"I'm the watchman of the Buffalora Cemetery. I don't know how the epidemic started. All I know is that some people, on the seventh night after their death, come back to life. I call them Returners, but frankly I can't understand why they're so anxious to return. The only way to get rid of them once and for all is to split their heads open. A spade'll do it, but a dum-dum bullet is best. Is this the beginning of an invasion? Does it happen in all cemeteries? Or is Buffalora just an exception? Who knows? And in the end, who cares? I'm just doing my job."
So says Francesco Dellamorte. However, it appears that he may be the one doing the Returning now, in a Michele Soavi written and directed sequel to his Dellamorte Dellamore, considered by many to be the last truly great Italian horror film (although I recently loved Federico Zampaglione's Shadow - more on that soon!). Fangoria is reporting that whilst conducting a recent interview with Dario Argento, Luigi Cozzi dropped this juicy bit of news:
“Michele has told me that he has started to write the script for a special horror project he plans to shoot between the end of 2011 and the beginning of 2012: a sequel to his Gothic masterpiece Dellamorte Dellamore. He’s going to produce it himself and wants it to really be a great, strong, shocking Italian horror movie.”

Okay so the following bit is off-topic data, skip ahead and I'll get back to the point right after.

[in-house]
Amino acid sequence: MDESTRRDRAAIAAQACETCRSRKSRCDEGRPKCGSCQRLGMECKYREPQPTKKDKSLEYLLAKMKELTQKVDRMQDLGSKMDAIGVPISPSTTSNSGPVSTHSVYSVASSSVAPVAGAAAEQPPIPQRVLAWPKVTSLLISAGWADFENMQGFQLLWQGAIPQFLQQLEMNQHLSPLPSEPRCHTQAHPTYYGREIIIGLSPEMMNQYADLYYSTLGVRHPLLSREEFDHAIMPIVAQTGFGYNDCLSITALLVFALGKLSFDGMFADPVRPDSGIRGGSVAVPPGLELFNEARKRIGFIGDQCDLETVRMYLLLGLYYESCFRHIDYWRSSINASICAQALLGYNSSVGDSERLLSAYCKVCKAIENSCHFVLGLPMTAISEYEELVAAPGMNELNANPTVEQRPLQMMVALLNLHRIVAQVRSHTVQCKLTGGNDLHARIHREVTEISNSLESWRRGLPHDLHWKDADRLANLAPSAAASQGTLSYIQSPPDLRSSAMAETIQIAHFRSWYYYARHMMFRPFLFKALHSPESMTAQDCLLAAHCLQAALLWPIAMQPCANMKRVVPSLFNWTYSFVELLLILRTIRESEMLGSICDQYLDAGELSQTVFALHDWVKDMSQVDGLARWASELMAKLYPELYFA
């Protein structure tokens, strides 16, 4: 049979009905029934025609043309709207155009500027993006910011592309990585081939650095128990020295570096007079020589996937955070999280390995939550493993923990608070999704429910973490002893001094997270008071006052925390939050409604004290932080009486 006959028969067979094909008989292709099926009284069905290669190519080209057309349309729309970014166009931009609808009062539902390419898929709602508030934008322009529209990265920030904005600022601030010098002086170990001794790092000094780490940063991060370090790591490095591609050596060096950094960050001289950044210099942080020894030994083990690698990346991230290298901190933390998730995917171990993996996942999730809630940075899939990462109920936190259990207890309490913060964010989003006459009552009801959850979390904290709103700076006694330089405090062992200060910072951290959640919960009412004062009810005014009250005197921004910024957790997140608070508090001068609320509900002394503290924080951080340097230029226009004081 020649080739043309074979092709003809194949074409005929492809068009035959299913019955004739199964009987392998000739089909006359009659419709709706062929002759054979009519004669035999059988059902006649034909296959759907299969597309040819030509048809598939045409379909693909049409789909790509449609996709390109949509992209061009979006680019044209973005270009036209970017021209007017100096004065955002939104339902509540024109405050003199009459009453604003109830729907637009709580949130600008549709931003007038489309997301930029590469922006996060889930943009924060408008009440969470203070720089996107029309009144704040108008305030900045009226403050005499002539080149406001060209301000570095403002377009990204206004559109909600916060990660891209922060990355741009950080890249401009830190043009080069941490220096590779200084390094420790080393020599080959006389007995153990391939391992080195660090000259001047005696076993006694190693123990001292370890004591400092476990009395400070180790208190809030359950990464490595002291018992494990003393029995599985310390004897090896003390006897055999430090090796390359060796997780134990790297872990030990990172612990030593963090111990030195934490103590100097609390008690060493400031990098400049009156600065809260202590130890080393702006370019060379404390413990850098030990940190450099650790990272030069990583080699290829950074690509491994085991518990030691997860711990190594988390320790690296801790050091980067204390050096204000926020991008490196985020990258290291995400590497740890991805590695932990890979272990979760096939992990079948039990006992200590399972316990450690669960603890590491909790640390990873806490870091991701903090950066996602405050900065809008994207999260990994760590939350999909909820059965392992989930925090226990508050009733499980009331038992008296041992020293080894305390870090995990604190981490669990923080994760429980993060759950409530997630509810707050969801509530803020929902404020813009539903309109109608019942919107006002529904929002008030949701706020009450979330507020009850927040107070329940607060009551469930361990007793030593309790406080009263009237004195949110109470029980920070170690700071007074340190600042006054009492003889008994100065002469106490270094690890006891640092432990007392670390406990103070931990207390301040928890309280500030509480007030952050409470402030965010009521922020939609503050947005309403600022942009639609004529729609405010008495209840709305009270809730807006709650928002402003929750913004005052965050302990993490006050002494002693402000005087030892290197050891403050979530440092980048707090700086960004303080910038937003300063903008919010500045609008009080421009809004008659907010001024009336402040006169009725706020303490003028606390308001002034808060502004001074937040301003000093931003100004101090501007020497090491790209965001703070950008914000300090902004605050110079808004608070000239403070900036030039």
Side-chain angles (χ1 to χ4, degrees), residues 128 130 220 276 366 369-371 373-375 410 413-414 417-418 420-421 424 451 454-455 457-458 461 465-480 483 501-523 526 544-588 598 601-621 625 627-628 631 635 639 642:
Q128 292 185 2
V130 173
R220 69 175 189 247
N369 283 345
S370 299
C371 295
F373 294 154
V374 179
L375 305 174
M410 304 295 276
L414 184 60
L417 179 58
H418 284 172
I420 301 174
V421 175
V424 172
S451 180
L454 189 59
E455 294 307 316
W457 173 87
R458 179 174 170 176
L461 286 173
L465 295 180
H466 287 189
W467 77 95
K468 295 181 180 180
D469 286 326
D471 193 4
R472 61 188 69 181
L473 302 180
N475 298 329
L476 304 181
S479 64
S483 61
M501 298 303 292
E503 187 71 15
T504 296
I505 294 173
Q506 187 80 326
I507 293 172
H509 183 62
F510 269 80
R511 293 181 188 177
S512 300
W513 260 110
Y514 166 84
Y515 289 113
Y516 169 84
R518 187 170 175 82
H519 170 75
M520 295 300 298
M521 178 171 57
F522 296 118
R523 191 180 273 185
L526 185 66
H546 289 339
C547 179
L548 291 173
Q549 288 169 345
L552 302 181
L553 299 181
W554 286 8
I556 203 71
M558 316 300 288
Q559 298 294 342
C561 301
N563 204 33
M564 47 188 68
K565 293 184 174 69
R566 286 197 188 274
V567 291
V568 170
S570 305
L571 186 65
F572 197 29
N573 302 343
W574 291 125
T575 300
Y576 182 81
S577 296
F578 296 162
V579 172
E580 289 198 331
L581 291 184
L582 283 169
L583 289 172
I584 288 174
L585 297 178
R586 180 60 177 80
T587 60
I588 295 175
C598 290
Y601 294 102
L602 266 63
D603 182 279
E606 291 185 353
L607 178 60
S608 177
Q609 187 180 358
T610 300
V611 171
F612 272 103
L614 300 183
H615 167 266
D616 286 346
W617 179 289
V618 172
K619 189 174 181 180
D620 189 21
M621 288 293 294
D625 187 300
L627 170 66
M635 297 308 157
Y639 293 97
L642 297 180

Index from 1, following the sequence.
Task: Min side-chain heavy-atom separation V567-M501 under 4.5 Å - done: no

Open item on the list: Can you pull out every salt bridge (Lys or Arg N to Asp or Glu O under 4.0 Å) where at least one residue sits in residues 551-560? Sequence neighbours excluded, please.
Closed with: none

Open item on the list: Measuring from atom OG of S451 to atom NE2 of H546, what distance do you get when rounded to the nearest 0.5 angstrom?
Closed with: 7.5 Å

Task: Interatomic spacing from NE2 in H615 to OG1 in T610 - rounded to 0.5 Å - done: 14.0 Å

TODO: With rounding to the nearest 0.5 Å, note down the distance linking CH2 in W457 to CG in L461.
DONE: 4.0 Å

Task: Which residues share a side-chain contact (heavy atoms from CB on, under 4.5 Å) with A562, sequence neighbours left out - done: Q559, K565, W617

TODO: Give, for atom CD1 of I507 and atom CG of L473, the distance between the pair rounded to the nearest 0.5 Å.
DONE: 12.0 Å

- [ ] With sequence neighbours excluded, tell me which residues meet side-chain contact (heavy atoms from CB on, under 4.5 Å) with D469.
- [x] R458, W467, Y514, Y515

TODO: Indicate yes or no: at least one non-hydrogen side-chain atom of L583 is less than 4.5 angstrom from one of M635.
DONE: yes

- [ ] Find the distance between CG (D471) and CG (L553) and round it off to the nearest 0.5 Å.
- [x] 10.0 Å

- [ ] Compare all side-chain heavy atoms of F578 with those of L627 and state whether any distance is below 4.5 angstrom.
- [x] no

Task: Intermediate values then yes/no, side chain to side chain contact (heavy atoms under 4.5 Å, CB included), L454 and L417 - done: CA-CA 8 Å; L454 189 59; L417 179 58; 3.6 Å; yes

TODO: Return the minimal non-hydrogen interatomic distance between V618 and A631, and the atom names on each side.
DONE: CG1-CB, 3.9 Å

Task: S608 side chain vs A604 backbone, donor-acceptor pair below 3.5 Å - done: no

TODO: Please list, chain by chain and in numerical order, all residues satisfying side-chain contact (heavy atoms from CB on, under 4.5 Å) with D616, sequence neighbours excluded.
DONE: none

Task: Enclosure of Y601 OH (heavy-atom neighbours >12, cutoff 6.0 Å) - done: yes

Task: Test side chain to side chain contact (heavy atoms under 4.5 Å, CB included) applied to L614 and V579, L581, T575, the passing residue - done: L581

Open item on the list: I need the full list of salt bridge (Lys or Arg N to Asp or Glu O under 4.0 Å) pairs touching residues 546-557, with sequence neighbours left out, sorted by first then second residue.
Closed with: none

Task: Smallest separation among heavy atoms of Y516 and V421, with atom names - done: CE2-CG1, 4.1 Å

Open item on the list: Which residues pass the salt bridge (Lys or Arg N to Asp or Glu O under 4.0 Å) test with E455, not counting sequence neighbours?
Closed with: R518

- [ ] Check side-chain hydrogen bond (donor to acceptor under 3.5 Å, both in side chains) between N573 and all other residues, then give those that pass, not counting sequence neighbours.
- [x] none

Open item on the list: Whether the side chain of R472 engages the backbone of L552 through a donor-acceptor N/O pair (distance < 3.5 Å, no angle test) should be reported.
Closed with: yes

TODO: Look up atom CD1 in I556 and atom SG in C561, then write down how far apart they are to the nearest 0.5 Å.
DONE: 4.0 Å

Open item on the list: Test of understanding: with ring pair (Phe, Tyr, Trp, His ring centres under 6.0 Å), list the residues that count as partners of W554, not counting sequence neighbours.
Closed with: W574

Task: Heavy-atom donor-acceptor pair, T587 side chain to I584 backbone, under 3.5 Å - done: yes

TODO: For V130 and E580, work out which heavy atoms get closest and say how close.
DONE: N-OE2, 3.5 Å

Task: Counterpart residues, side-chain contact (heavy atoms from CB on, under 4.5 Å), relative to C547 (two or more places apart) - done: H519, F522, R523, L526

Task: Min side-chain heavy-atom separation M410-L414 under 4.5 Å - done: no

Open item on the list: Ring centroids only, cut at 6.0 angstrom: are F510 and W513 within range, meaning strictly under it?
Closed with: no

Soavi has been conspicuously absent from the horror scene since his '94 masterpiece blew minds, although a couple of years ago he did tease a return to the genre with a project called Catacombs Club (which now seems to have evaporated into the celluloid ether).
Several years ago I caught a screening of his 2006 crime thriller Arrivederci Amore, Ciao (right) at a local Italian film fest, and although the story didn't make much of an impression on me, as a visual stylist it showed Soavi still very much at the top of his game. Years later, after only one viewing I still have some vivid images from that film indelibly printed on my psyche: an atmospheric monsoonal jungle - neon-lit noirish bars - a starkly cold hallway. He even had regular collaborator Sergio Stivaletti on hand to provide some animatronic FX, so it was obvious that his years of hiatus and as a TV director hadn't taken him too far from his roots.
It's curious that this should eventuate now, what with the other adaptation of Tiziano Sclavi's Dylan Dog comics - Dylan Dog: Dead of Night - just doing the rounds recently. That one stars Brandon Routh as the titular detective, but I'd love to see Rupert Everett and François Hadji-Lazaro reprise their roles in this.
Perhaps listening to Manuel De Sica's score for Dellamorte will help you to ponder some of life's deepest philosophical questions: is there any real point to all this living, loving and dying? Is our perceived universe even real? Past this tunnel is the rest of the world...